Jeff Sessions reportedly orders review of debunked Hillary Clinton claims, violating recusal vow

Not exactly 'fair and impartial administration of justice.'

Jeff Sessions at his January 2017 confirmation hearing
Jeff Sessions at his January 2017 confirmation hearing to be Attorney General. CREDIT: AP Photo/Alex Brandon

For weeks, critics of former Secretary of State Hillary Clinton and the Trump administration have pushed a widely debunked conspiracy theory that she sold 20 percent of America’s uranium to Russia in exchange for a large donation to the Clinton Foundation.

On Thursday, NBC News reported that, on orders from Attorney General Jeff Sessions, the Department of Justice’s prosecutors “have begun asking FBI agents to explain the evidence they found in a now-dormant criminal investigation into a controversial uranium deal that critics have linked to Bill and Hillary Clinton.”

The problem is that Jeff Sessions wasn’t supposed to be involved in decisions about Clinton and her foundation at all: he swore under oath in January that he would recuse himself from all such decisions, in light of his comments during the campaign. During his confirmation hearing, he told the Senate Judiciary Committee:

With regard to Secretary Clinton and some of the comments I made, I do believe that that could place my objectivity in question. I’ve given that thought. I believe the proper thing for me to do, would be to recuse myself from any questions involving those kind of investigations that involve Secretary Clinton and that were raised during the campaign or to be otherwise connected to it.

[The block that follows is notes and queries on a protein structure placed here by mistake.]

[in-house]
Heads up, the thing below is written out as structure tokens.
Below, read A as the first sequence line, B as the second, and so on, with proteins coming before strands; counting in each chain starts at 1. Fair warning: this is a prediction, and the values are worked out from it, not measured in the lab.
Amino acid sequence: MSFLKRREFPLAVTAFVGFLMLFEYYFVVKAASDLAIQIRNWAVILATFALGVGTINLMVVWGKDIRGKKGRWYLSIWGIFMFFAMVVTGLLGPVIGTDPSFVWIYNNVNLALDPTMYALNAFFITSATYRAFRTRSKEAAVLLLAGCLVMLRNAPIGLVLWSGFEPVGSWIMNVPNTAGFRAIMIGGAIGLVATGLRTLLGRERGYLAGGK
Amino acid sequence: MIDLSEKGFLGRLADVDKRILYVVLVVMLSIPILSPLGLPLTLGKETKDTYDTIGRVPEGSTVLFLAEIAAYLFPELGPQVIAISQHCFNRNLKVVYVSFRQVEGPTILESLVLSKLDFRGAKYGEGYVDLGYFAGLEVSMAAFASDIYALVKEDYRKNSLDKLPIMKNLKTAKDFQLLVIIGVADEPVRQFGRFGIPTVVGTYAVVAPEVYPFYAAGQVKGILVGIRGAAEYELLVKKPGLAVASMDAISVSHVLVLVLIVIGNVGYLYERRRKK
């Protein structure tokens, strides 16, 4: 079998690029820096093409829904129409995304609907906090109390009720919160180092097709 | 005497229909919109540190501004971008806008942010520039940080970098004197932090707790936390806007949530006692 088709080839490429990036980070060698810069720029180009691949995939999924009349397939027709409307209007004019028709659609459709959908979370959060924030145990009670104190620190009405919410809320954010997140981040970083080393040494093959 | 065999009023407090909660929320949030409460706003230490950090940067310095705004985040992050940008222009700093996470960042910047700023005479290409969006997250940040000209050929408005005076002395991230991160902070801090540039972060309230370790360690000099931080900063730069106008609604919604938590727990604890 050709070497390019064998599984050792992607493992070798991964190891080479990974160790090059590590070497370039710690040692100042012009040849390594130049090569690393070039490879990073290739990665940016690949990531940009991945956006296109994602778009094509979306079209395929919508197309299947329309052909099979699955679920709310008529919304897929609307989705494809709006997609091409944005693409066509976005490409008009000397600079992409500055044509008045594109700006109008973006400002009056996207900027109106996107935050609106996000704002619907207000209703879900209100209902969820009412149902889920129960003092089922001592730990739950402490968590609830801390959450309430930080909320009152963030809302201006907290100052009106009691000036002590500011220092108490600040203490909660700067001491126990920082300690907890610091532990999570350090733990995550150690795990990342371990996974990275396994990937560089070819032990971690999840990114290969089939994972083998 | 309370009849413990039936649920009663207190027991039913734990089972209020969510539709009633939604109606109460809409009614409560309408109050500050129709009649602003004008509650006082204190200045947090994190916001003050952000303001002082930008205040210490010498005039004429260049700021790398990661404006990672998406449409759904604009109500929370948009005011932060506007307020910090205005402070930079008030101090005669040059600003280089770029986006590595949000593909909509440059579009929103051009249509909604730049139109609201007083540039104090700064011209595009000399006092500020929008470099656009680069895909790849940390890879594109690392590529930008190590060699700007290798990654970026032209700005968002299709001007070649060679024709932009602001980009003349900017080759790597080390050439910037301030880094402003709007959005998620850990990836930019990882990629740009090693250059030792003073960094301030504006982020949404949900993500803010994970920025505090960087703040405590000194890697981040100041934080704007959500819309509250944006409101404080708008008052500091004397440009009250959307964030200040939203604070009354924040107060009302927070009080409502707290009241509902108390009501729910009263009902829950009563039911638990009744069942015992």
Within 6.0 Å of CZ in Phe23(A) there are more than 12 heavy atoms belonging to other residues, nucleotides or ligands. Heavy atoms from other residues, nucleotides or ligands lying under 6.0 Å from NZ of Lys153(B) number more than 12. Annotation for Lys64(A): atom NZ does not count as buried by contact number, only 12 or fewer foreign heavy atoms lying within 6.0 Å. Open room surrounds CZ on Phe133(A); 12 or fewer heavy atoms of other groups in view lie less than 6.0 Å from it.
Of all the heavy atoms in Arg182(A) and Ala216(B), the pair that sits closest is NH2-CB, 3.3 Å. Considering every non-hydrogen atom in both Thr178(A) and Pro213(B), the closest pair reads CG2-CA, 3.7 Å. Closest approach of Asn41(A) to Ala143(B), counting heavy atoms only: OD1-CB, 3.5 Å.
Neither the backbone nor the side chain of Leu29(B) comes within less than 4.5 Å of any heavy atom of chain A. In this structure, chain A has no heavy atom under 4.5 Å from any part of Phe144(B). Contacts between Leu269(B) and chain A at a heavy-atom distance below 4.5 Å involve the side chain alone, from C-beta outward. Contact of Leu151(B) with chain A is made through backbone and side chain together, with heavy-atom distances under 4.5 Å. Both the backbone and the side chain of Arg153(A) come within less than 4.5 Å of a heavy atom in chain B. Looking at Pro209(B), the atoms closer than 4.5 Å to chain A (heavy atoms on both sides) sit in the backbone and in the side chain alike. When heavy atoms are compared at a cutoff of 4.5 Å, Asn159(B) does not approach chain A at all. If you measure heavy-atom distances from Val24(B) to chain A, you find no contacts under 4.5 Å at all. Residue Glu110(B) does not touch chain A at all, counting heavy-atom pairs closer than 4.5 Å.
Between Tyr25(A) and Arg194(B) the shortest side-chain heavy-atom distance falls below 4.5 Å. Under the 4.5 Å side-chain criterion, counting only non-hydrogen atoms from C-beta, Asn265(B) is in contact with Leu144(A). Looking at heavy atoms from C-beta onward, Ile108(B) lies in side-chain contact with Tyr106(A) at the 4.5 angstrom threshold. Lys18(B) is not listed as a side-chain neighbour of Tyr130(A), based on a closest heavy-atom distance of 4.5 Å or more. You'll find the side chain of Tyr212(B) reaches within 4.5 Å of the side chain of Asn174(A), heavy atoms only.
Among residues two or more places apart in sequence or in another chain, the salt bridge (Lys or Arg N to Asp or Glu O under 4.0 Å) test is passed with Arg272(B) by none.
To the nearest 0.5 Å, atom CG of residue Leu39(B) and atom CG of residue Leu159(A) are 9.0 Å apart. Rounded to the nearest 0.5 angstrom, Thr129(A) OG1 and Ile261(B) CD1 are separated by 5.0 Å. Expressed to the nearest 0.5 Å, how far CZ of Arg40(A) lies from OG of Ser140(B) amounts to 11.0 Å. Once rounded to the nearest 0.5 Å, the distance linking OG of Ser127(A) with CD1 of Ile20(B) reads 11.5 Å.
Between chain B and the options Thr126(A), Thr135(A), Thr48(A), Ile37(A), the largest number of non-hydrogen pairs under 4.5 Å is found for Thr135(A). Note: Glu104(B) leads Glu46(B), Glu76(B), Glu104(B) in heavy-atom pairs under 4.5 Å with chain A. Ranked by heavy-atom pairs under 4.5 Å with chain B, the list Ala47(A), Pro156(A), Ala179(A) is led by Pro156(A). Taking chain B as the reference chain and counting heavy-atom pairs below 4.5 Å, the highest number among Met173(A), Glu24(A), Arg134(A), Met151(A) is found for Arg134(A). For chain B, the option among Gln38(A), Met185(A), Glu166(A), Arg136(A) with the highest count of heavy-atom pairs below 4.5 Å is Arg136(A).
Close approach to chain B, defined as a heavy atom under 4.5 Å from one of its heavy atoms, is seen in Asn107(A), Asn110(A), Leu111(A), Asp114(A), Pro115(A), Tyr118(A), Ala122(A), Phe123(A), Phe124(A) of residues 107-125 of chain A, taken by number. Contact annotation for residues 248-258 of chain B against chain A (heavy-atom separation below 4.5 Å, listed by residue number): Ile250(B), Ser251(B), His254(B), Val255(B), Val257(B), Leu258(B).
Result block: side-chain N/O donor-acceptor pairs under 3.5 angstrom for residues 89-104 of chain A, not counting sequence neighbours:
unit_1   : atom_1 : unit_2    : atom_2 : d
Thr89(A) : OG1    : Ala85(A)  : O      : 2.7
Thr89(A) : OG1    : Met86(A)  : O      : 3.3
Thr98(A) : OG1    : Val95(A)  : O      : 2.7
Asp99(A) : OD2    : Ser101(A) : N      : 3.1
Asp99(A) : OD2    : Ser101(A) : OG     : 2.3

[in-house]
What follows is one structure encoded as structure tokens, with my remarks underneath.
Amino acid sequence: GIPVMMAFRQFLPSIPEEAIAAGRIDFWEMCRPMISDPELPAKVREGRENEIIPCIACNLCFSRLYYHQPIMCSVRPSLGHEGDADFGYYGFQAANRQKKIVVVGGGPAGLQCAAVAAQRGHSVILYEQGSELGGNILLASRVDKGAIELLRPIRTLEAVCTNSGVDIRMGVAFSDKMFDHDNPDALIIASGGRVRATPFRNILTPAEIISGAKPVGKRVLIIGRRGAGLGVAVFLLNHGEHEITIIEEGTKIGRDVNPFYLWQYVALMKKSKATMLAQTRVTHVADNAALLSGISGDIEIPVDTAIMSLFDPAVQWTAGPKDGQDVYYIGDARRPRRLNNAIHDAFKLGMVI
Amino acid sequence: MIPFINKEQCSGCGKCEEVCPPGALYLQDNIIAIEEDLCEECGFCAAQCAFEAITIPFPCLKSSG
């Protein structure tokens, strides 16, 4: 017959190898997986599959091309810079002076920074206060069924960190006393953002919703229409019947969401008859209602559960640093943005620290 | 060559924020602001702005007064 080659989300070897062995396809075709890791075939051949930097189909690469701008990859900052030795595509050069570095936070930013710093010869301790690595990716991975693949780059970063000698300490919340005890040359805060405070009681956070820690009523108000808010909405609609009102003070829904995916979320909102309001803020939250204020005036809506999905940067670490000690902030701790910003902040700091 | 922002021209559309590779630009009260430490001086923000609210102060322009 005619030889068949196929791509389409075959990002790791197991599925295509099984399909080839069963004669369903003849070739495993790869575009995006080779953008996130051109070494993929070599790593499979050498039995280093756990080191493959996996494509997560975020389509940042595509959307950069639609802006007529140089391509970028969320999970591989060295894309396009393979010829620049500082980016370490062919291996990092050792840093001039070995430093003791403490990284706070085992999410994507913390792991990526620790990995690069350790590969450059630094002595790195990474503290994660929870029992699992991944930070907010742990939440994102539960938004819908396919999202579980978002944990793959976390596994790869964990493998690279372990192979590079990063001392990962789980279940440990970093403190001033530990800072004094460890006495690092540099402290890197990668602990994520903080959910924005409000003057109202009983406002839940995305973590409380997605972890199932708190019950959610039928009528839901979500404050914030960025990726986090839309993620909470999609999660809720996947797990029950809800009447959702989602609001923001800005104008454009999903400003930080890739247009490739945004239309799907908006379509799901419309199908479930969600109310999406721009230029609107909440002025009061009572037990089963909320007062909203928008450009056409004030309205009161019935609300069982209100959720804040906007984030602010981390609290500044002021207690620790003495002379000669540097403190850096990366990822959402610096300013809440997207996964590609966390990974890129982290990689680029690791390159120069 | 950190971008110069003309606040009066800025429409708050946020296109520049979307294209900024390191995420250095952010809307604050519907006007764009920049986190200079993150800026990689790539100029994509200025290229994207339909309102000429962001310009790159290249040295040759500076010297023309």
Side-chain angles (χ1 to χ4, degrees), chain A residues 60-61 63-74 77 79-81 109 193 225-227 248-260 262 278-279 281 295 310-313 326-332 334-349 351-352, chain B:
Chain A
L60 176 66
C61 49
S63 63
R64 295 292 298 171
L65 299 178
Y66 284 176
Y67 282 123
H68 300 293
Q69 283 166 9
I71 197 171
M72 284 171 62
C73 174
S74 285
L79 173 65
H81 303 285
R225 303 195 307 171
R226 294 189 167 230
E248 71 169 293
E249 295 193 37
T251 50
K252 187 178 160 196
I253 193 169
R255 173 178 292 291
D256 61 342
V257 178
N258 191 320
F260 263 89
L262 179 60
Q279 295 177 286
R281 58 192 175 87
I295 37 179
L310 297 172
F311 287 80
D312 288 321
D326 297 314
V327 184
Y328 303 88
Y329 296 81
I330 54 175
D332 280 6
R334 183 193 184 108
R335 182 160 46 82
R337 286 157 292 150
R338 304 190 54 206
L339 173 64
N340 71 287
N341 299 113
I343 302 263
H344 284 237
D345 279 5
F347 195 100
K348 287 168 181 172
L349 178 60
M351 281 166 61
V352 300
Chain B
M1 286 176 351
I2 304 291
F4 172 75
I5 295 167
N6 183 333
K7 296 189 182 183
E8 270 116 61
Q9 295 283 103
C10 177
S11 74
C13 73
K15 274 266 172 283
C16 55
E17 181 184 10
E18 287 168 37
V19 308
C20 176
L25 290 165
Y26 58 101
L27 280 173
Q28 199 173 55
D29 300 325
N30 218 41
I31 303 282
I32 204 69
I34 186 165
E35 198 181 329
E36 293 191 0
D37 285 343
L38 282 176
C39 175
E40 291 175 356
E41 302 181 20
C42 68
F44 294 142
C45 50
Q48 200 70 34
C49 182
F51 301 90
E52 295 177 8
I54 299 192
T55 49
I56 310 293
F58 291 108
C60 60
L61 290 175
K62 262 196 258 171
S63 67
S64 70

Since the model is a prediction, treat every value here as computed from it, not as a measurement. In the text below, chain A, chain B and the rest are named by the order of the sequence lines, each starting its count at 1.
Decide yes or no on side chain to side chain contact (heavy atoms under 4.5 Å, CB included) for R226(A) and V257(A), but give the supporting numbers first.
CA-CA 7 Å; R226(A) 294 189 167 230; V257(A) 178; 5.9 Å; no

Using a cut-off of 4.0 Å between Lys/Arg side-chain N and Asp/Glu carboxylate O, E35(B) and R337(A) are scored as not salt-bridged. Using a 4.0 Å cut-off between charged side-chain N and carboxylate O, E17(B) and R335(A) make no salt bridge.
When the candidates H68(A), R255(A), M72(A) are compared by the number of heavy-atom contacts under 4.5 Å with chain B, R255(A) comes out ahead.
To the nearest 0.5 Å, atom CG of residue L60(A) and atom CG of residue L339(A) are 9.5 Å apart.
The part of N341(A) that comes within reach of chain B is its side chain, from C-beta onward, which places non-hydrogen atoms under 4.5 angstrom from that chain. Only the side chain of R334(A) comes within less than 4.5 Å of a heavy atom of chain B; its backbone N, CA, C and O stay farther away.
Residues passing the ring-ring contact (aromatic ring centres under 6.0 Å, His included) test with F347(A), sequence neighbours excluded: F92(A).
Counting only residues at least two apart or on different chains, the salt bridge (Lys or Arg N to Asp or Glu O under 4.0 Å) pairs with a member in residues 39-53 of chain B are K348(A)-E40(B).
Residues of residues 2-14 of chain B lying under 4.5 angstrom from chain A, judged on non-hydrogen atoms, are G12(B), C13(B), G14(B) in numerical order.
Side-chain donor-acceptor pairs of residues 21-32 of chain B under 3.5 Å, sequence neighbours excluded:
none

Though Donald Trump claimed shortly after the election that he did not “want to hurt the Clintons,” he has continued to attack her regularly since taking office, suggesting she should be investigated and publicly lamenting that as president he is not supposed to meddle in criminal investigations.

The decision to divert law enforcement resources to a debunked conspiracy theory against the woman who ran against Trump in the 2016 elections may appear to be a political decision aimed to settle scores or distract from the many ongoing investigations into Russia’s role in electing Trump. And it is just that appearance that one Jeff Sessions warned against in explaining his decision to recuse himself from these questions.

Asked by Sen. Chuck Grassley (R-IA), the committee’s chairman, whether he would formally recuse himself and turn such decisions over to a deputy attorney general, he said that he would. “I believe that would be the best approach for the country because we can never have a political dispute turn into a criminal dispute. That’s not in any way that would suggest anything other than absolute objectivity. This country does not punish its political enemies, but this country ensures that no one is above the law.”

Federal law makes perjury a felony, subject to up to five years in prison. In 1999, Sessions voted to remove a president from office for allegedly violating that law.